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Christmas is one of the most anticipated holidays of the whole year, if not the most. Every country has its own traditions regarding this holiday, which in many cases do not differ much. In the following article, however, we would like to present you the characteristic Christmas traditions of the USA and Great Britain. Enjoy!

UNITED KINGDOM

1. Letters to Father Christmas

While in other countries children put their letters in the mailbox, in England, they toss them straight into fire. Prima facie it sounds kind of drastically, but don’t worry, burning the letters sends them directly to the North Pole where Santa can read the wishes in the smoke.😉

2. Hanging stockings

Brits usually hang stockings around their beds, contrary to Americans, who hang them by the fireplace. I mean, being surrounded by presents is a brilliant way to start a new day! On the other hand, letting Santa – a complete stranger, to get this close to your sleeping body is a little worrying, but to each his own I guess.

Another interesting tradition – in the UK people leave brandy and a mince pie for Father Christmas, instead of milk and cookies. He is a grown up, remember?

3. Christmas crackers

As you may know, a Christmas cracker is a brightly decorated cardboard tube that typically contain a paper crown (tissue party hat), a motto (joke or riddle), a snap (friction activated popping device), and a small gift or novelty item. When grabbed and pulled apart, a tiny explosive inside makes a loud cracking noise, hence the name.

4. Christmas hats

Inside the Christmas cracker are colourful hats that it is absolutely mandatory to wear. In fact, 90% of Christmas arguments stem from trying to make your grumpiest relative put their paper crown on. Some say that the other 10% comes from playing Monopoly, which may also be seen as a tradition 😀

5. Christmas dinner

Imagine a huge feast where everything is either roasted, soaked in alcohol or lit on fire. Yep, that’s a British Christmas dinner. The main dish is usually a roast turkey often surrounded by bacon wrapped chipolatas (which are mini pork sausages). The turkey is served with roast potatoes and vegetables – mostly brussels sprouts. They also have gravy to smother everything in and a bread sauce (a sauce thickened by bread – looks a little lumpy, but is actually delicious).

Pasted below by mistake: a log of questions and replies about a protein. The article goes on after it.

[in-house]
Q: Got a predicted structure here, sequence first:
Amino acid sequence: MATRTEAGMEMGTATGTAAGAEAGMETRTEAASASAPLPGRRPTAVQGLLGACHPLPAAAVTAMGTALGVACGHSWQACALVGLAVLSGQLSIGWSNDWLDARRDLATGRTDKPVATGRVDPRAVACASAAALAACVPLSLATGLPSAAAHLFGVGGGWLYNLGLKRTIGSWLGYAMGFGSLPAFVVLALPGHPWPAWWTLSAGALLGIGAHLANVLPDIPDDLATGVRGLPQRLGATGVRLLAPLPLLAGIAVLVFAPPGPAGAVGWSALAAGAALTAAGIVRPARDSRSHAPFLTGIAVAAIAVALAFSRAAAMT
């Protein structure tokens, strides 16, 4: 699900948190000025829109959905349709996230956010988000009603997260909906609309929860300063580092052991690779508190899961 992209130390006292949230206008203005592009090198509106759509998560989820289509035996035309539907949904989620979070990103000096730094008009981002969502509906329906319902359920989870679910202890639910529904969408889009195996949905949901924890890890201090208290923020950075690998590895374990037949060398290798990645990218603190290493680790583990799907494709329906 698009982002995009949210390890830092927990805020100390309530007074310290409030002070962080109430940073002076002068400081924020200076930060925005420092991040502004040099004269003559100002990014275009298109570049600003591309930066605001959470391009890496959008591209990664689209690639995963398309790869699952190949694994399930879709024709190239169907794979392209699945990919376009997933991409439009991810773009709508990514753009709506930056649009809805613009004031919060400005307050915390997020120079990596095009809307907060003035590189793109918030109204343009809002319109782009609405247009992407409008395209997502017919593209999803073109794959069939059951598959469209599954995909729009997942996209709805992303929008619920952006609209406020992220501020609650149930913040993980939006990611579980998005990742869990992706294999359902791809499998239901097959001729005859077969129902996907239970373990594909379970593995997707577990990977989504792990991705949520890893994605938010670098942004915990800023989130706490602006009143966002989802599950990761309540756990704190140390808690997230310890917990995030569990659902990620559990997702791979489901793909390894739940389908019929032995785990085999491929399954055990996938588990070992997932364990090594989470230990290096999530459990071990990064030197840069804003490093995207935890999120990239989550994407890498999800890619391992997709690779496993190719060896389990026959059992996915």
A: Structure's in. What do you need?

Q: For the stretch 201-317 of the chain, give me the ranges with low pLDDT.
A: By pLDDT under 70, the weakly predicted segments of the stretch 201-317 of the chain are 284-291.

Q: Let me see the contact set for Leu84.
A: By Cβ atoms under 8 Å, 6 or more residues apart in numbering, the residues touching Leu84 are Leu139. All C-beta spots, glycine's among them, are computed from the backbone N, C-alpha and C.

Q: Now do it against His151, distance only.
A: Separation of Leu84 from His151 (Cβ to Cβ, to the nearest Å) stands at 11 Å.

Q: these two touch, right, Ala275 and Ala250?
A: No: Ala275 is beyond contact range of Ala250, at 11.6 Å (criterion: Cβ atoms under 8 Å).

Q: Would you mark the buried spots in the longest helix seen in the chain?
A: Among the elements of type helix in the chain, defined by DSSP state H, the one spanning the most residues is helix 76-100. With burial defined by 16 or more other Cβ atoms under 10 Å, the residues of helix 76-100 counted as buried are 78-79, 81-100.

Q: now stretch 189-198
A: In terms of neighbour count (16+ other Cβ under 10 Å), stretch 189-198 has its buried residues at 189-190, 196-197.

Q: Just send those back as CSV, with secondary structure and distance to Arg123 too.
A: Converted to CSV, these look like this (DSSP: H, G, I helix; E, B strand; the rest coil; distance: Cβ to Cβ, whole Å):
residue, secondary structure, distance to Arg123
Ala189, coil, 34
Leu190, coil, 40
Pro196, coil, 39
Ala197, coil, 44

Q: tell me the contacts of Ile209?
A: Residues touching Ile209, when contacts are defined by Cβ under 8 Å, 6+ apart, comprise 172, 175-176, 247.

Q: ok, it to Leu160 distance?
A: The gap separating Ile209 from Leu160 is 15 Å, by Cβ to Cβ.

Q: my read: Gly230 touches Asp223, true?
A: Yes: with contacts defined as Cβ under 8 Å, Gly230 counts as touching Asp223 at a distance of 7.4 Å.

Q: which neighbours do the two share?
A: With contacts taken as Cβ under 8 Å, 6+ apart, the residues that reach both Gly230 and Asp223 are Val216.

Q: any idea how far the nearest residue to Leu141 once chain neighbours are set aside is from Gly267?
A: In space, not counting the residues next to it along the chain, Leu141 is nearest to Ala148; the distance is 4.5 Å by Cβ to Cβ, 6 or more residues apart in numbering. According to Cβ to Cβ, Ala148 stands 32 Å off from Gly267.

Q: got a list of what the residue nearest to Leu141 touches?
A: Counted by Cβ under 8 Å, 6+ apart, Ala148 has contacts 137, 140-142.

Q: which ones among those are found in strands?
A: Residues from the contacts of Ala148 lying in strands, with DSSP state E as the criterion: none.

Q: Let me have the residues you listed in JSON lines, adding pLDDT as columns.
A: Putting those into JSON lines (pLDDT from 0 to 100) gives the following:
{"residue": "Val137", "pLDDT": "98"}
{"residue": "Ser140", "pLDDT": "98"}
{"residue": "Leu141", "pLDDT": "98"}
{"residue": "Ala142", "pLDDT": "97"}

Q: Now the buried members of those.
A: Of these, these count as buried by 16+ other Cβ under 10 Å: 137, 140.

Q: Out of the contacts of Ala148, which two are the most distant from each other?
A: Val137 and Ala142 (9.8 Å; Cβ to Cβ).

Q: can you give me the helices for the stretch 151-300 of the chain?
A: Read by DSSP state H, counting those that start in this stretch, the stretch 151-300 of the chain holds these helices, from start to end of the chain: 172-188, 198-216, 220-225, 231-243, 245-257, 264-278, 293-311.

6. Christmas pudding

Christmas pudding is a traditional British dessert that is a very dense boiled cake flavoured with dried fruit and spices. It’s then soaked in alcohol, aged for several months, boiled again, soaked in alcohol again and then soaked on fire 😊.

7. Also, side note on Scottish traditions –

The Christmas pudding is called a “ClottieDumplin” in some parts of the country. 

Because it’s a dumpling (fruit cake) that was traditionally boiled in a rag, or a clottie. Originally these were two different deserts, made in different ways, but in some places the name stuck while the desert itself changed slightly.

8. The Royal Christmas Message

Every Christmas Day, her Majesty the Queen gives a holiday speech reflecting on the eventing of past year. In every family people gather around the tv and listen to it, or just pretend they do while doing other stuff 😉.

9. Boxing day

Christmas in the UK starts on the 25th of December. Although for lots of Brits Boxing day, which is one day after, is more important. It’s origins are debatable. Some say that it’s the day when workers would receive a box of gifts from their bosses, others say that it’s a day when people would box up gifts for the poor. However, the main things that happens on Boxing day nowadays is shopping. Boxing Day sales are common and shops often allow dramatic price reductions. For many merchants, Boxing Day has become the day of the year with the greatest revenue.

10. Pantomime

Every year around the Christmas halls, pretty much every theatre in the country puts on a pantomime. These are plays for kids based on fairy tales such as Cinderella or Aladdin, involving a lot of high-camp, cross-dressing and audience interaction.

11. Taking down the Christmas tree

Brits believe that the Christmas tree and decorations should be taken down withing 12 days after Christmas, otherwise you’ll have bad luck for the rest of the year.

UNITED STATES

Christmas is awaited not only by the youngest. The best example of this is the American society, which begins great preparations for Christmas just after Thanksgiving Day. Shops and city streets are quickly decorated, and the Americans themselves are engulfed in a pre-Christmas race. A big difference in relation to the holidays in the Polish edition is also when they are and how much actually Christmas lasts in the USA.